The best thing that can be said about Santa Rosa’s rent control referendum is that it’s over.

Measure C dominated local politics for nearly a year, creating uncertainty for landlords and tenants alike, while amplifying longstanding conflicts between progressive groups and business interests over the best direction for Sonoma County’s largest city. And, for the first time, spending on a Santa Rosa ballot measure topped $1 million.

For supporters of rent control, it was a bitter outcome.

Santa Rosa voters soundly, and we believe wisely, rejected Measure C, which would have imposed price controls on a fraction of the city’s rental market. But, as both sides know, the underlying problem — an alarming shortage of housing — hasn’t gone away.

Safe, clean shelter is one of life’s necessities. Financial advisers recommend spending no more than a third of your income on housing, but many people in Santa Rosa, and throughout California, can’t find homes they can afford.

That’s true for prospective buyers, just as it is for prospective renters.

Figures from the California Association of Realtors show that only about a third of California households can afford a median-priced home, which costs about $465,000. The picture is bleaker still here in Sonoma County, where barely one in four households meets the income requirements to buy a $639,000 median-priced home.

As for rentals, seven of the 10 least affordable markets in the country are in the Bay Area, according to a report issued Wednesday by the National Low Income Housing Coalition. Santa Rosa, where 41 percent of households rent and an average two-bedroom apartment goes for more than $1,500 a month, narrowly missed the Bottom 10 list.

The source of the problem isn’t unchecked growth. California’s population has grown slowly in recent years, but housing construction hasn’t kept pace with demand.

Why? There are practical obstacles, such as topography and water, especially in coastal areas, that limit the availability of land. There are political obstacles, most notably resistance from existing residents concerned that new development, even in those areas zoned for housing, will bring traffic and other consequences. There are economic and legal obstacles, including environmental reviews, government fees for new infrastructure associated with development and habitat protection for endangered species. Finally, few industries were hit harder by the recession than housing, which experienced a wave of foreclosures and tight credit for builders and buyers alike.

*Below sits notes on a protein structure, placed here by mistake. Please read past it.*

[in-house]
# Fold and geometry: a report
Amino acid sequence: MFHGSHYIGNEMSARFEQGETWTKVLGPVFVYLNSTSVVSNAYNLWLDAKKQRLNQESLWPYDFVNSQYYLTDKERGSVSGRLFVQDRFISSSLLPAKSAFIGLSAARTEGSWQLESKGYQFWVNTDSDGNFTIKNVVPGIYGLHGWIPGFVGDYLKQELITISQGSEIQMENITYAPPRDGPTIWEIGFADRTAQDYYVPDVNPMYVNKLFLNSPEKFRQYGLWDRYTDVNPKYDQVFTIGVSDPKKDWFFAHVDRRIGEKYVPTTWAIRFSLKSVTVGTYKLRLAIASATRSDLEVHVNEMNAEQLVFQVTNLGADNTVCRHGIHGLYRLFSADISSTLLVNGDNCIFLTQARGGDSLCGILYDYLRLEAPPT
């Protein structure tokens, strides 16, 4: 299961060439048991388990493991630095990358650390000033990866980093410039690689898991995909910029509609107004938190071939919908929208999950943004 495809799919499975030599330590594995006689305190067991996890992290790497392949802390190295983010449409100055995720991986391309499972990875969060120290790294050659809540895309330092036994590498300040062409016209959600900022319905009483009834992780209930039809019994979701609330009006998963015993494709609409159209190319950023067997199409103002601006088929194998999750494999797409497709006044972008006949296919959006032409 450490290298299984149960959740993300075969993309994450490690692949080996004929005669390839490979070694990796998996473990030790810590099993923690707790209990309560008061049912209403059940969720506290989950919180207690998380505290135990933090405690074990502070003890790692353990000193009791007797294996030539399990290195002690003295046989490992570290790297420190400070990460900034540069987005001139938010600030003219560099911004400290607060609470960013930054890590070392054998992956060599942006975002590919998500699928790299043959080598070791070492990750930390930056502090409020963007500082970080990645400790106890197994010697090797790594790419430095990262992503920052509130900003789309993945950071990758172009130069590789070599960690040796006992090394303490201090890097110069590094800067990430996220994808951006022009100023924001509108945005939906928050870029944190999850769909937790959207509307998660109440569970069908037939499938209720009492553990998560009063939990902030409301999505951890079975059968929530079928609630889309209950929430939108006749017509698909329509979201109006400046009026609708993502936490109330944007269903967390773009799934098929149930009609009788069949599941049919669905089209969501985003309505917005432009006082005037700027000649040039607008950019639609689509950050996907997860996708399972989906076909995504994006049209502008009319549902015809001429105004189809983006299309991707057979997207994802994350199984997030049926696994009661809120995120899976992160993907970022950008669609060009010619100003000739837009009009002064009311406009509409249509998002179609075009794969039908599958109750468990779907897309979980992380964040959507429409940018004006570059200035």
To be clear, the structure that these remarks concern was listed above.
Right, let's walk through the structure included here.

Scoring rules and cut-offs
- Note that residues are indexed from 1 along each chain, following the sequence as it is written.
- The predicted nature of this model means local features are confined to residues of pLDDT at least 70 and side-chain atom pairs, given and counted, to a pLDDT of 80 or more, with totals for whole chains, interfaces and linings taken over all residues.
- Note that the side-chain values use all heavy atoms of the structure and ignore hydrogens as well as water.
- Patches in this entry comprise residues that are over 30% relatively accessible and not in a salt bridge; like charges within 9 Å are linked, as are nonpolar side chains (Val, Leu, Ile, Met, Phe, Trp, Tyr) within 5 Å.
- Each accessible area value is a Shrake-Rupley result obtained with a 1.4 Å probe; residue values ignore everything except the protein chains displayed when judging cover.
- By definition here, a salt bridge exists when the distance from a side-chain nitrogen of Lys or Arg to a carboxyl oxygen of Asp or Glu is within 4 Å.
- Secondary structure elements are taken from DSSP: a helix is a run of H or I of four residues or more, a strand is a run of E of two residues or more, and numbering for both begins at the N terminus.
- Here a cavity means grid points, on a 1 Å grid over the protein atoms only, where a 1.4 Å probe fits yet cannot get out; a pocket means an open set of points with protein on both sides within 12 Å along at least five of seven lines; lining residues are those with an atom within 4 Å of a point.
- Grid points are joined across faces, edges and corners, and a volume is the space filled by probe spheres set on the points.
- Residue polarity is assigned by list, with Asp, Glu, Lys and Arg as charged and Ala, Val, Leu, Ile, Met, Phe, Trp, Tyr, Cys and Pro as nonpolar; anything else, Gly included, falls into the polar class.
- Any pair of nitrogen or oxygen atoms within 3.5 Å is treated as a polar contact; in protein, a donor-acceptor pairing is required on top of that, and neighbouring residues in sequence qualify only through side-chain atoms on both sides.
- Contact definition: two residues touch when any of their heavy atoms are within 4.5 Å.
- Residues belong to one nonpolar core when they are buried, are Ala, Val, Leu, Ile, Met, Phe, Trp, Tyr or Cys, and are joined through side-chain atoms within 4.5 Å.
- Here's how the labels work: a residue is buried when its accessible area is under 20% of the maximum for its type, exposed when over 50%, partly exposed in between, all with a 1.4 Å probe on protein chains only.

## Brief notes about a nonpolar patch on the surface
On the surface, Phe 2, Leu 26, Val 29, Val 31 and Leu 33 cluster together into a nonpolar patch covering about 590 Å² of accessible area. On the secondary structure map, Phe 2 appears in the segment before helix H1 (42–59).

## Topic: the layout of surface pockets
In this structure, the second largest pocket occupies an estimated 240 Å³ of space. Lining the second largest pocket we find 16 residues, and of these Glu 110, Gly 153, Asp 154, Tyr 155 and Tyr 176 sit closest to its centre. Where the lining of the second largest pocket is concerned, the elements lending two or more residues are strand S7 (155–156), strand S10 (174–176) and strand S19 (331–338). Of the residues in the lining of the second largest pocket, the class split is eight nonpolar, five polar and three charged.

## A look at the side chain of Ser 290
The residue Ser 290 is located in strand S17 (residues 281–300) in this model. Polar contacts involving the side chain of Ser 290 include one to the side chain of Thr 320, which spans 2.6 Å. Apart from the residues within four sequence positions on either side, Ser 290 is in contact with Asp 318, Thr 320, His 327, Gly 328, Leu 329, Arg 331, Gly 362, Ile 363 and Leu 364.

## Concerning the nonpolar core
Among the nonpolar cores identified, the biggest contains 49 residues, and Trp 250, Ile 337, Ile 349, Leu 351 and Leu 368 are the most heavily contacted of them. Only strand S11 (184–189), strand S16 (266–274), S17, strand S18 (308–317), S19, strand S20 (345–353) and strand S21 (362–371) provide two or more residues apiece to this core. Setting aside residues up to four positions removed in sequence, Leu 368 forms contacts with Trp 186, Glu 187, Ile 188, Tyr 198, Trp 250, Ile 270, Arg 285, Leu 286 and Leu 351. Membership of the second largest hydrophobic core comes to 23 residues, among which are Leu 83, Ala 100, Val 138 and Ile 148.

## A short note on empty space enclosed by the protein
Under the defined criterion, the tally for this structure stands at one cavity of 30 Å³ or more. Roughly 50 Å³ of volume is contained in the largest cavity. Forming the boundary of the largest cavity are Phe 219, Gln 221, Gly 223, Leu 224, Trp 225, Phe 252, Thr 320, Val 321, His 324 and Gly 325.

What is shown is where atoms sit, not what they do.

Santa Rosa has taken some steps to encourage development, including streamlining the review process and offering targeted subsidies for affordable housing projects. More options, including relaxing the rules for granny units, are in the pipeline.

State legislators, meanwhile, introduced more than 100 housing-related bills this year. Among them are a proposal to reduce costs by conducting a single environmental review covering all residential development in a designated area and another that would limit the ability of local governments to reject development applications in areas zoned for housing. There also are proposals to subsidize affordable housing through bonds, new fees on real estate transactions and eliminating the mortgage interest deduction on second homes.

Finding the right mix will require goodwill and compromise from all of the competing interests, including the combatants from Measure C. Let’s move forward.